The problem i mentioned was related to sweep direction. If we have a single vacant space and 2 atoms on the sides that both want to jump there then the left atom will do it because of the sweep direction and the way jumps are resolved.

But now after checking the code more througoutly I see that there is even bigger bias with sweep direction – an atom can make multiple jumps in one sweep as long as they are in the direction of the sweep.

However since the atoms can pass through the edges of the array (ie atoms can exit on the right side and enter on the left side and vice versa) the bias in direction of the sweep in itself should not lead to atoms concentrating in any particular place. Rather the bias makes atoms more likely to travel together in the direction of the sweep at some speed determined by parameters of the simulation and it’s this speed combined with simulation time which decides where they will end up.

Anyway as far as I can see making the sweeps alternately from left and from right should alleviate the problem by making the biasses cancel each other.

If you replace

for i in range(NSites):
by
if n//2==n/2:
R=range(NSites)
else:
R=range(NSites-1,-1,-1)

for i in R:

that should do the trick.

The best way however would be to update atoms in random order.

8. #8 Eric Lund
January 26, 2012

I’m not sure that sweep direction is the full explanation of this problem; if it were, then alternating the sweep direction should have fixed the problem (and according to Chad, it didn’t). In any case, the bias is less than posters 3 and 4 indicate. Paul is correct that if two atoms have an empty space between them, then the one that wants to move in the direction of the sweep can move there and prevent the other from moving in there. There is an opposite effect when two atoms occupy neighboring spaces: both of them can move against the sweep (the first one shifts, freeing a space for the second one to shift into), but only the second one can move in the direction of the sweep (it prevents the first one from moving that direction). My suggestion would be to do it as a two-stage process (similar to the algorithm in the game Diplomacy): first come up with a list of proposed moves, then disallow moves that would conflict with other moves (or with atoms not moving). I understand that people who do N-body simulations for a living do something similar: first calculate the forces on each particle (or grid cell) from the current distribution of particles, then move the particles according to those forces.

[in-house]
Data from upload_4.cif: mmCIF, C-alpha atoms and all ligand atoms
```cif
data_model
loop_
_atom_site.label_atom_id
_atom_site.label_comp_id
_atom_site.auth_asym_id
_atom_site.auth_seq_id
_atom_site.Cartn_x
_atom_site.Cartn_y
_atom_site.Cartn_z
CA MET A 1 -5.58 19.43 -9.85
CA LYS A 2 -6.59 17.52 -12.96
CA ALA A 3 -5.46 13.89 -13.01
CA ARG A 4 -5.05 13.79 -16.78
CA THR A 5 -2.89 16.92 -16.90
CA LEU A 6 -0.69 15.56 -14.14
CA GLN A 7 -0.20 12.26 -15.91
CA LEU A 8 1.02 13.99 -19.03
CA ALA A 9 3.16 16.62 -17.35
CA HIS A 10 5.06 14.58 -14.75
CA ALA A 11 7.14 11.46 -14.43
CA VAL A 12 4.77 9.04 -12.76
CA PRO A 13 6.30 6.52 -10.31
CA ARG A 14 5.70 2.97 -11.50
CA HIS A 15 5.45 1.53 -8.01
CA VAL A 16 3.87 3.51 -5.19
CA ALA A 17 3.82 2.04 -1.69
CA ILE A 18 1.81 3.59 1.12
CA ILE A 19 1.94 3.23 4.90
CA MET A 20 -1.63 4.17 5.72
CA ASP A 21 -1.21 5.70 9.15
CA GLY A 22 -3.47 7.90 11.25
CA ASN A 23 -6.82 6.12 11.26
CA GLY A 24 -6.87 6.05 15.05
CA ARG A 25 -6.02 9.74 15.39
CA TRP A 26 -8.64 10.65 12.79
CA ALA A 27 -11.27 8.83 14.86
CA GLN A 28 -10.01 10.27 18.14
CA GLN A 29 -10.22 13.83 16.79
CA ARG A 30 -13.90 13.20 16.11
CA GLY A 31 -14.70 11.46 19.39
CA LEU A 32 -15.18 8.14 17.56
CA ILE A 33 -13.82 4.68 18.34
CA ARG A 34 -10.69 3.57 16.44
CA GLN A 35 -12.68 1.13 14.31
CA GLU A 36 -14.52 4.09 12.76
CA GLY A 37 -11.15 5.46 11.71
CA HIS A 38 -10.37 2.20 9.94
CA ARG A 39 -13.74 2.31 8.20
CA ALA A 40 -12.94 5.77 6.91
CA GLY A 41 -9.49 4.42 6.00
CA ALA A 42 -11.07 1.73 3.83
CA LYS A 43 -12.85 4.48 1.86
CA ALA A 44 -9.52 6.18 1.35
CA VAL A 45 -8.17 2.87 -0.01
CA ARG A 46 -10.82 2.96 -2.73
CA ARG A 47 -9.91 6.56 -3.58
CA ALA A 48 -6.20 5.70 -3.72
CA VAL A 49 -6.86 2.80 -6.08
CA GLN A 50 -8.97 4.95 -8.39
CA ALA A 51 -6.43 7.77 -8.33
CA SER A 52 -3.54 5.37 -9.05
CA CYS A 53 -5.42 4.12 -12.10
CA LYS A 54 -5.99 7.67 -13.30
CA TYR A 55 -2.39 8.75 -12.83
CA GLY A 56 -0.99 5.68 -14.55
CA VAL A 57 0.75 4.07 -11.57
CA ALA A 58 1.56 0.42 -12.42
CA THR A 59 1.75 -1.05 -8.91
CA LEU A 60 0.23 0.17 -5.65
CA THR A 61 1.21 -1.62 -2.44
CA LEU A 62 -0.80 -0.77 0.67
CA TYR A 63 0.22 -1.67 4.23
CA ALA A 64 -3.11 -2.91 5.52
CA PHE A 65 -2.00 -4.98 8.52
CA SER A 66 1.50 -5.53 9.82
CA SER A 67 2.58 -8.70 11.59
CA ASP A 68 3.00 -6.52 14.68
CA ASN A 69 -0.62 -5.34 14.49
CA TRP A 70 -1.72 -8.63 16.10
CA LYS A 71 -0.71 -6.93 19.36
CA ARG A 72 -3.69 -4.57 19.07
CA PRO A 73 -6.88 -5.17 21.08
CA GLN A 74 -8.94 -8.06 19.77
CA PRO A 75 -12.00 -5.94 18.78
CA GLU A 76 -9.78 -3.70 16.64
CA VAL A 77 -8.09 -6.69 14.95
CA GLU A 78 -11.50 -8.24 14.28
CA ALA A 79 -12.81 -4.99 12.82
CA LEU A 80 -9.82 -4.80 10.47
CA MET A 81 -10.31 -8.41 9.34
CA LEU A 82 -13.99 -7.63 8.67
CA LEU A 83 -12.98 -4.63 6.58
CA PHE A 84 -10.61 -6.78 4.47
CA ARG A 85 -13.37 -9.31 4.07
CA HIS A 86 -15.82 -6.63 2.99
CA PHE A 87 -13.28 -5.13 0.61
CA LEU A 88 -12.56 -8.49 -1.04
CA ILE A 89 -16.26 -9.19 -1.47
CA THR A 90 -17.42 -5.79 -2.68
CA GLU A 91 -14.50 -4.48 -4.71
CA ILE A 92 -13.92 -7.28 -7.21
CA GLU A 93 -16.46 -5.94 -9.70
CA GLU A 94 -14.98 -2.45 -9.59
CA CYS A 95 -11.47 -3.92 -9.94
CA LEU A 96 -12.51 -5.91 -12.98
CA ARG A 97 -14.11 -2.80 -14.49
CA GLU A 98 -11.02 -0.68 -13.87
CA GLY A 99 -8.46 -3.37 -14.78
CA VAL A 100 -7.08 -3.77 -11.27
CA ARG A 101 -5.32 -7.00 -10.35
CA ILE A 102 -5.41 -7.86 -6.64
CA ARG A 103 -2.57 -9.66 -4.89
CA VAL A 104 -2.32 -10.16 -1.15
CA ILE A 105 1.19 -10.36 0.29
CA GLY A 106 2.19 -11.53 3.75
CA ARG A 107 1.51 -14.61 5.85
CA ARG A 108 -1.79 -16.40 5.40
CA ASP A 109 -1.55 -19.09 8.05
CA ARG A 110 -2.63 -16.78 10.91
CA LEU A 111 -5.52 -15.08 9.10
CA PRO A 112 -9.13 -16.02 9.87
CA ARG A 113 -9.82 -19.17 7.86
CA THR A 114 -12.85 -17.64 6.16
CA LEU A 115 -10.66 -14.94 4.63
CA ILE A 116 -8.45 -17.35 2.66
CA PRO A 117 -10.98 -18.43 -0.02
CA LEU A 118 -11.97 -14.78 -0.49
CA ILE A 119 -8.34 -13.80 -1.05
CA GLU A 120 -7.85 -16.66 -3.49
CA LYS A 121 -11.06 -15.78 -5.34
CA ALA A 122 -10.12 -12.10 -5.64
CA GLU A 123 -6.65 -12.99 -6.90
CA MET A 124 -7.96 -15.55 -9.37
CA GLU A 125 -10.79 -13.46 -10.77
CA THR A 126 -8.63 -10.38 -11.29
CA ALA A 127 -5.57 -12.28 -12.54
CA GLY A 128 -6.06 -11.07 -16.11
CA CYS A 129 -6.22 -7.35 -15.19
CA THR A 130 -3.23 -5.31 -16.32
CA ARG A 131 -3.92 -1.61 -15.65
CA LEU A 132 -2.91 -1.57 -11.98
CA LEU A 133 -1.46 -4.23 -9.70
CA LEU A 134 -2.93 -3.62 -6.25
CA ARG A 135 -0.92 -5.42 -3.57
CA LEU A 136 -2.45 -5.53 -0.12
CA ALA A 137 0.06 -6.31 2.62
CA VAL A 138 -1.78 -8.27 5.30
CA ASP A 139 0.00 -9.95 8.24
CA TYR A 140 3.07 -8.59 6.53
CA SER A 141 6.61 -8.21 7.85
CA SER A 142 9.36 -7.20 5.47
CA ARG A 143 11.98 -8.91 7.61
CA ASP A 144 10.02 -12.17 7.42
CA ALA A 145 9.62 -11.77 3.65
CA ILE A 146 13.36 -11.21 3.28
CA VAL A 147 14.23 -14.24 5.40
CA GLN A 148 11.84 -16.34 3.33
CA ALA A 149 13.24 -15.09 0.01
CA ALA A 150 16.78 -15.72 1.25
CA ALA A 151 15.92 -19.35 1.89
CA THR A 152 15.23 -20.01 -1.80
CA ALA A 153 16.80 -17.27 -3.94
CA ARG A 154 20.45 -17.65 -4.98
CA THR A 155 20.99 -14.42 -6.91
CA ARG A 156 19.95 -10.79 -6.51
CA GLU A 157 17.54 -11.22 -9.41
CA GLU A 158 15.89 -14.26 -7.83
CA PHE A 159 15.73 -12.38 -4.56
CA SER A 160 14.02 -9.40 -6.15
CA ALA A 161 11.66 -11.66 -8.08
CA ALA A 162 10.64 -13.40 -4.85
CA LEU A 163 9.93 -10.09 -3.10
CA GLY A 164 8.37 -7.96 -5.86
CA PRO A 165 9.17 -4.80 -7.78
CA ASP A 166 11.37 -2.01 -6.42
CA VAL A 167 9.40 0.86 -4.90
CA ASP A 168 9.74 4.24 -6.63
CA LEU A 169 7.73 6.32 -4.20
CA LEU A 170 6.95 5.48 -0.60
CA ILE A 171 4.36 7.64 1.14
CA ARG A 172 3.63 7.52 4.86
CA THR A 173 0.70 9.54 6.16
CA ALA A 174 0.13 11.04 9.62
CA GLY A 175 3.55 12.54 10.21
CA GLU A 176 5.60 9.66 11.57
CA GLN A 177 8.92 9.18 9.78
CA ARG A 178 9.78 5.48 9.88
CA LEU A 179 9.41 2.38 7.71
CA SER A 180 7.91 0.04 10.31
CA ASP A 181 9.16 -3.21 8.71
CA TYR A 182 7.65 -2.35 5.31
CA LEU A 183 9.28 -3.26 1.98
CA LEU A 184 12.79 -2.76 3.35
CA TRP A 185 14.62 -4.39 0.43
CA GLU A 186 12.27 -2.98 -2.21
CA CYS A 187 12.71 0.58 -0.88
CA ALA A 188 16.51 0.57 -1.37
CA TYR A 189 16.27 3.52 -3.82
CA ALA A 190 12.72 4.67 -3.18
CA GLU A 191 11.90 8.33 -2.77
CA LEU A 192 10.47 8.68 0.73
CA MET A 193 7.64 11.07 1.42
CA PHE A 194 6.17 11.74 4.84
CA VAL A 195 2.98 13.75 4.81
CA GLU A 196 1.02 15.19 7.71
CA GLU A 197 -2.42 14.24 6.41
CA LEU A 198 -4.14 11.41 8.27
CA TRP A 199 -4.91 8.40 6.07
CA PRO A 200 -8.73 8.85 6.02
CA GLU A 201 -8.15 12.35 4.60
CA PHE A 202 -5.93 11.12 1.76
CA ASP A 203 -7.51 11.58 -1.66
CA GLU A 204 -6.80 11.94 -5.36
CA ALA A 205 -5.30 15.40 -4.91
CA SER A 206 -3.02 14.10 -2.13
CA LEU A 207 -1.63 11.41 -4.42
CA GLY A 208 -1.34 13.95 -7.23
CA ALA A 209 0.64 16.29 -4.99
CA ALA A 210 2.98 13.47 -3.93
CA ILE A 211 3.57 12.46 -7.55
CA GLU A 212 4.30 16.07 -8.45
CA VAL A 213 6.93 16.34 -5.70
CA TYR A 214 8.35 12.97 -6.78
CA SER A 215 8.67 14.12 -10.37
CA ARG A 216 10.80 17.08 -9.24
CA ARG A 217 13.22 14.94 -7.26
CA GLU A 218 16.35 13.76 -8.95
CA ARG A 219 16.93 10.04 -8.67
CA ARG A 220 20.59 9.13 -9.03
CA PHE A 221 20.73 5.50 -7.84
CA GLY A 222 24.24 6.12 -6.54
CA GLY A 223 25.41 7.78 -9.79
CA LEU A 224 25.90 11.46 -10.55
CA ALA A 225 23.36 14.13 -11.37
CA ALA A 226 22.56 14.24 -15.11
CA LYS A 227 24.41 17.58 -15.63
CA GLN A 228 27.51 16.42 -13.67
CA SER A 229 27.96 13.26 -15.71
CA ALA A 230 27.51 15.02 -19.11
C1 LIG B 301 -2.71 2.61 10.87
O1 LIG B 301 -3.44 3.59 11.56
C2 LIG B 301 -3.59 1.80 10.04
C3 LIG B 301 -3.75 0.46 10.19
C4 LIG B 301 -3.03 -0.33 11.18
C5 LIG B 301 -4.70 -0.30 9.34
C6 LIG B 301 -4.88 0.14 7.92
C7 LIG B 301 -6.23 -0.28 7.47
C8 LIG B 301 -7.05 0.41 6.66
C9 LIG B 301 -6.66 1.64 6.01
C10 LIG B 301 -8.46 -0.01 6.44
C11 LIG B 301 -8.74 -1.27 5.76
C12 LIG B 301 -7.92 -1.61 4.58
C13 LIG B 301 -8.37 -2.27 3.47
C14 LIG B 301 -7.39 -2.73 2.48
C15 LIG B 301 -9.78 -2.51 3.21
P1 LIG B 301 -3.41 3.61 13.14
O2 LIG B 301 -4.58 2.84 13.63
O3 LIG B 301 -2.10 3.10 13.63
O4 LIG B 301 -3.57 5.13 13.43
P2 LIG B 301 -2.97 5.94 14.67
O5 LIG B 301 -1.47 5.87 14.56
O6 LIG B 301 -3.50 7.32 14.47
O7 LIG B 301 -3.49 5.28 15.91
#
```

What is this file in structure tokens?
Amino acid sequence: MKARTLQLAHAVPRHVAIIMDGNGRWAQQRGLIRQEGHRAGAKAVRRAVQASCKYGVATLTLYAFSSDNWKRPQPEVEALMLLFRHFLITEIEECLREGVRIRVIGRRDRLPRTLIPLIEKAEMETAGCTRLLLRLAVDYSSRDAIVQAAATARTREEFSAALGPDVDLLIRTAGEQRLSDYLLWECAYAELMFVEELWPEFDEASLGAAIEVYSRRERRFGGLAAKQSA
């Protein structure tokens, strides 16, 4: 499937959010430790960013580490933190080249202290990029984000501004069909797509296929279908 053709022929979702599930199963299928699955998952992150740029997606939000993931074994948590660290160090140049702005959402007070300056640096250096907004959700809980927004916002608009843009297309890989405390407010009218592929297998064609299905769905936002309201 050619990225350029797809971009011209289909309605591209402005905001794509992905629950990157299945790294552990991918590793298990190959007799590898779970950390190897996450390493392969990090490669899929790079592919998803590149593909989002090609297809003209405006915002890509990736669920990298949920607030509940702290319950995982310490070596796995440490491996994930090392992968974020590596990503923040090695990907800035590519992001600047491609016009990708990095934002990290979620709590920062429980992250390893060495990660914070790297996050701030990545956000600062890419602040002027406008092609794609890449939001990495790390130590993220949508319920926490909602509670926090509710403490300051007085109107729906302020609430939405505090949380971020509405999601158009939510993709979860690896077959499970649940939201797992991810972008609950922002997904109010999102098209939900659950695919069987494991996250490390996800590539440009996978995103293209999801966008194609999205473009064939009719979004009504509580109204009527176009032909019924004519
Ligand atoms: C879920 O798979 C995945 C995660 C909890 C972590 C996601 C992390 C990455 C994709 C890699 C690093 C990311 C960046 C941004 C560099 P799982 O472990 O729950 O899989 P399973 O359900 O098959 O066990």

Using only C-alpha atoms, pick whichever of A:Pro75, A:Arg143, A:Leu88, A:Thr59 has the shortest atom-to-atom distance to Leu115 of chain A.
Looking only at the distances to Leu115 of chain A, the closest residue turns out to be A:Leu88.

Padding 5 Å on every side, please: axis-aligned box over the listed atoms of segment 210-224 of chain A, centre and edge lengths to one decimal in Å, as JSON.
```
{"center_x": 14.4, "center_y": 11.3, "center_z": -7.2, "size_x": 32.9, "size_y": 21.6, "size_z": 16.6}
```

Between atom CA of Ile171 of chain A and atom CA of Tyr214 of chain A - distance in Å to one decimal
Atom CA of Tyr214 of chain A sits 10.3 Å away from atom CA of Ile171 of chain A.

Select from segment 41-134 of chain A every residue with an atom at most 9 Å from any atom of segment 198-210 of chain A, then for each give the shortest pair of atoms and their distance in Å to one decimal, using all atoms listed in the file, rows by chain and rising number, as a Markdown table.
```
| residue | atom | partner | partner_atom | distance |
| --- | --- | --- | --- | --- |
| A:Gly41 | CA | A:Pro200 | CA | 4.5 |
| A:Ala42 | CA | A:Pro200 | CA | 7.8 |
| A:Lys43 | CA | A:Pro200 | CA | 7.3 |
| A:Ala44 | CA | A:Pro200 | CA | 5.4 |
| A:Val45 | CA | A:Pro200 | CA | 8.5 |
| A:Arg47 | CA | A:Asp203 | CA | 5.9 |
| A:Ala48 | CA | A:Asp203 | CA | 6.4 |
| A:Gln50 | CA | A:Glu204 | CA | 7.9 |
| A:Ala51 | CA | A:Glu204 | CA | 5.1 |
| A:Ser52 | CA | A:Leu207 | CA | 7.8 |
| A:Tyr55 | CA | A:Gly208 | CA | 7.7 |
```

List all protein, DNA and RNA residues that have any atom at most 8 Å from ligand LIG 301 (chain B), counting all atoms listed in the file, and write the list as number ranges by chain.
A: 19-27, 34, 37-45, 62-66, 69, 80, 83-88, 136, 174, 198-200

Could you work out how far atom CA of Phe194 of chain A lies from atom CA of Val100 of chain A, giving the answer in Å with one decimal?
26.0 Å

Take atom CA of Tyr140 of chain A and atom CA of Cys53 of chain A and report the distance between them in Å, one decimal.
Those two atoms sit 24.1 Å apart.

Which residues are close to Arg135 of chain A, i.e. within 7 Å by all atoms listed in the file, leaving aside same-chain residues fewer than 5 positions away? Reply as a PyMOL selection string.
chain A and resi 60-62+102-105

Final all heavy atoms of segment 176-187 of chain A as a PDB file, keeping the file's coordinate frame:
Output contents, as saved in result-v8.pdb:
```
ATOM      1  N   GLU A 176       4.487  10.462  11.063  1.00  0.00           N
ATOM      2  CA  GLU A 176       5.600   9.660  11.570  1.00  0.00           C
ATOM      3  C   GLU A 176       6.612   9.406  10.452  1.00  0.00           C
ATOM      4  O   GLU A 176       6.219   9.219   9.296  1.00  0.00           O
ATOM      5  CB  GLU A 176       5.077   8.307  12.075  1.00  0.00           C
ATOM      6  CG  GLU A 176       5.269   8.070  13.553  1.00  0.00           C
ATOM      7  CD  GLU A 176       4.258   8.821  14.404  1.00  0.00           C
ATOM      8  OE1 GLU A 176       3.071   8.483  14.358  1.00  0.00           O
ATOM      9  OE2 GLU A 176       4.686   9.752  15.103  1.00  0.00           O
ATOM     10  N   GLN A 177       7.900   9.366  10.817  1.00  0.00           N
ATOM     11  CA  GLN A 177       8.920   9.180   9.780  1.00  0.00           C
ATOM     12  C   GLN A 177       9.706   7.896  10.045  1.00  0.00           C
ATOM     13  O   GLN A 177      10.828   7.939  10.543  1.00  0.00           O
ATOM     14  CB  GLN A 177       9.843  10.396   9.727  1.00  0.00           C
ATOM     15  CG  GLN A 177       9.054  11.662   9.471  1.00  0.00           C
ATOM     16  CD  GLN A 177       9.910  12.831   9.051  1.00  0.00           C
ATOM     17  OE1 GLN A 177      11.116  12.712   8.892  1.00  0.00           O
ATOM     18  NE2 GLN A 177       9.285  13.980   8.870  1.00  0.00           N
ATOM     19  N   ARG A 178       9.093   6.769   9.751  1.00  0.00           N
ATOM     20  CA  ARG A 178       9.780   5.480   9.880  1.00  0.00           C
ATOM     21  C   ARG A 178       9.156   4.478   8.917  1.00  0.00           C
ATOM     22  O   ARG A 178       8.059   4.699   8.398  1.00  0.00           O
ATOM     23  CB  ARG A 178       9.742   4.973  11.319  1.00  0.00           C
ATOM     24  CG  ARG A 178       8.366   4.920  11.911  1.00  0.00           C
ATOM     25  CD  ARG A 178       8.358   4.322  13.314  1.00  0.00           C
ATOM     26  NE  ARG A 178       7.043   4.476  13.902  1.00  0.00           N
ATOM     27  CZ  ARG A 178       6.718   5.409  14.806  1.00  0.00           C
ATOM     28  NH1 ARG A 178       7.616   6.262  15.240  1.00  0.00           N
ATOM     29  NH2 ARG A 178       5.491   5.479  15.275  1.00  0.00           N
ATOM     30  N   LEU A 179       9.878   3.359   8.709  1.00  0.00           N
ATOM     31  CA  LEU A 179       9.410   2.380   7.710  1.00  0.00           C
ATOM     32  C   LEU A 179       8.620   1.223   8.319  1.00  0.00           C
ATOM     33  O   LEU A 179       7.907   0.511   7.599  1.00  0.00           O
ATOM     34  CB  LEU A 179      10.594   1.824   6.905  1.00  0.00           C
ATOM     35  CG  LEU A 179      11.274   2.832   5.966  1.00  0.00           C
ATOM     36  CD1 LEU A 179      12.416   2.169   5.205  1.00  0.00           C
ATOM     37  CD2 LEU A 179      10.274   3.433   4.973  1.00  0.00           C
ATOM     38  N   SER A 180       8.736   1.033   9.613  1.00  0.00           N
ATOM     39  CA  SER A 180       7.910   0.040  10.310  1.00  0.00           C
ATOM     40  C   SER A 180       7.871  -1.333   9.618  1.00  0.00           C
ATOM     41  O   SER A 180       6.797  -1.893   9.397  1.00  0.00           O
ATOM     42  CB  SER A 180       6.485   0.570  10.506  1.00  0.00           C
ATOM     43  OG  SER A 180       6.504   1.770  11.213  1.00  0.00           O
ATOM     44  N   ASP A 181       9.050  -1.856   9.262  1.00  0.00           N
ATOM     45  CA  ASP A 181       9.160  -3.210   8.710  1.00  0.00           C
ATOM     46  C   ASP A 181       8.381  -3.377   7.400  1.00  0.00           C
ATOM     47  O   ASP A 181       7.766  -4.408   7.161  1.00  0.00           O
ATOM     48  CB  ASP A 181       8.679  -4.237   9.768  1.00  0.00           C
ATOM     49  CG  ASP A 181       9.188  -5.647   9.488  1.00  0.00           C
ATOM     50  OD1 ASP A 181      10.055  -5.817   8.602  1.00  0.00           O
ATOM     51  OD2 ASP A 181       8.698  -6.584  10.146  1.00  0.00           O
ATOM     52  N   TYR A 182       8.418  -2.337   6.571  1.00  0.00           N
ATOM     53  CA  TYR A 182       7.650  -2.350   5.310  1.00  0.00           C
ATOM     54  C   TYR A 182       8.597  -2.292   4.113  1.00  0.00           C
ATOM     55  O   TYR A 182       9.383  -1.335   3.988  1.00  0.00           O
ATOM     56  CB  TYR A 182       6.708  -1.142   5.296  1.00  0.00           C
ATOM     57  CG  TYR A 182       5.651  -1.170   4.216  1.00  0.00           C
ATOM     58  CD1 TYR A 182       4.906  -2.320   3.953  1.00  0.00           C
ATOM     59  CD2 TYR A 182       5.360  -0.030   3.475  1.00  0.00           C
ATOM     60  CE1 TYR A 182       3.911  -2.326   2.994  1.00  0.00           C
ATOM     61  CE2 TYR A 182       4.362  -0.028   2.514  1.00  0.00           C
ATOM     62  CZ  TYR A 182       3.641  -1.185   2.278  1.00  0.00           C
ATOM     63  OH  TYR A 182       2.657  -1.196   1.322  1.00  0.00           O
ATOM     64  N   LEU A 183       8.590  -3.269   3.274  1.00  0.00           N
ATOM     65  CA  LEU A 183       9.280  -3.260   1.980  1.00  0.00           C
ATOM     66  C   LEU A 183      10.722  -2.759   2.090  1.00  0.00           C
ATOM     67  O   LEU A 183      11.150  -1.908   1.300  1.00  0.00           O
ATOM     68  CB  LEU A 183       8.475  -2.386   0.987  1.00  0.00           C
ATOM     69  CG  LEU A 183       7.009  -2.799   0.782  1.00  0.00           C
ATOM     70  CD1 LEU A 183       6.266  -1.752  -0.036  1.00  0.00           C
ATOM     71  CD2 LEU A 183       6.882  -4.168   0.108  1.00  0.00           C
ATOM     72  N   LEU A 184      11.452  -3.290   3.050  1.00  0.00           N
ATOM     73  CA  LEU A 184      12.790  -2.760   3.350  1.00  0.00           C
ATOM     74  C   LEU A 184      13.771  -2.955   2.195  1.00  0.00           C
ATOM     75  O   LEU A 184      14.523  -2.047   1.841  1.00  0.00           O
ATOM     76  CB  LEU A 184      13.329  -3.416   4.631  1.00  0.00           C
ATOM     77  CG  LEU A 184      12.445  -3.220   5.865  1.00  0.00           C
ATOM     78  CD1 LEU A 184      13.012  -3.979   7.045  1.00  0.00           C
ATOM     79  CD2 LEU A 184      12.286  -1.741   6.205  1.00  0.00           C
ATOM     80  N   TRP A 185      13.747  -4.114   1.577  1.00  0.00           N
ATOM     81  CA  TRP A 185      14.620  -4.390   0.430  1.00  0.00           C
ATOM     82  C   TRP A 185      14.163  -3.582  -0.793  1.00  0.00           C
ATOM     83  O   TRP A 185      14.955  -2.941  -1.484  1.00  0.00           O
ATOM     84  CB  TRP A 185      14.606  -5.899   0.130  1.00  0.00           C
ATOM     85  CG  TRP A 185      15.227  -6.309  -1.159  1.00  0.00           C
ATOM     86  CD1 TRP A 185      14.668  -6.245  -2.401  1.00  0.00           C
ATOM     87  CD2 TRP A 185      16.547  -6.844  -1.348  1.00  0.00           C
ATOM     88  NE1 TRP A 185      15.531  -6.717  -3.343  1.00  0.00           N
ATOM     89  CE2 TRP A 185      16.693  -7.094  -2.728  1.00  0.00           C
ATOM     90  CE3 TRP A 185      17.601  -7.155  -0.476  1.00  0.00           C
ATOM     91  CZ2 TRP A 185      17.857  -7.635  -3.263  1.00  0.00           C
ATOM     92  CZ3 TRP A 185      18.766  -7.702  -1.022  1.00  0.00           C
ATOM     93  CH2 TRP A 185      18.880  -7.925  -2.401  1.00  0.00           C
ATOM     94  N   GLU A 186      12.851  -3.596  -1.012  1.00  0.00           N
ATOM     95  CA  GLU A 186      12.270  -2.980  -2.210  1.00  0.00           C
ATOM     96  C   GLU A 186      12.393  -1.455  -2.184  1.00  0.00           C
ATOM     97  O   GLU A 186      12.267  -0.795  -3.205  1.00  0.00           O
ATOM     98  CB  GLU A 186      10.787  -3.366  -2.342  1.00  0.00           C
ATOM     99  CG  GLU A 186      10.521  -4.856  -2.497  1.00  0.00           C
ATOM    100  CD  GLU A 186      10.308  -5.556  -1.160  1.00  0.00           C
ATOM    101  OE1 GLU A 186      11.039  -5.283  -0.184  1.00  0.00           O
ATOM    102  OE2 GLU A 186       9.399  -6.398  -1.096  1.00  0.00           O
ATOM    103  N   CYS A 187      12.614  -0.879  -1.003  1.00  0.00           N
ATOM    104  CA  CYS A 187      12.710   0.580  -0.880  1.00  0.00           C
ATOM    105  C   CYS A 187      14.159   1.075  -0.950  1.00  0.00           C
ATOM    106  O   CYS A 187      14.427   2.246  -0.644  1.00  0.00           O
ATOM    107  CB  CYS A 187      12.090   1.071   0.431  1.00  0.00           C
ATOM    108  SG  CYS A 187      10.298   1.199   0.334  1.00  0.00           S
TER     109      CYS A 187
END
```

9. #9 lordaxil
January 26, 2012

In order to generate proper canonical averages, it’s not sufficient just to alternate the direction of the sweeps; you need to choose one direction or other at random at each step to ensure true microscopic reversibility. With this measure in place, it doesn’t matter if sites are occasionally blocked in one direction or the other (although it will reduce efficiency of the algorithm).

Chad – when you switched the direction of the sweep to right to left, did you still have probleft=0.25 as in your original code posted above? This would explain why it only (sort of) works that way, because you have two biases in opposite directions that almost cancel each other out.

10. #10 RM
January 26, 2012

Regarding getting data out of the program, if your VPython syntax is relatively close to recent versions of regular Python, try something like

```#########

#Before the loop

outfile = open("/home/outfilename.tab", 'w')

#Within the while loop

outfile.write( '\t'.join( [ str(i) for i in statearray ] ) + '\n')

#After the loop

outfile.close()
######
```

Should get you a tab-separated data-table of the statearray, with one line for each of outfile.write() statements.

The join() method of a string is the Python idiom for concatenating a list of strings, and the “[ … for … in …]” syntax is a list comprehension, which make dealing with lists *much* easier.

11. #11 RM
January 26, 2012

As I notice from the screenshot you’re using Windows, I should also say that I believe you can also use Windows style path names to specify the file:

outfile = open(r”C:\Documents\outfile.tab”,’w’)

The r is there before the quotes to make it a “raw” string, so the backslashes aren’t interpreted as escape characters. (e.g. there’s a newline in “C:\Documents\newfile.tab”)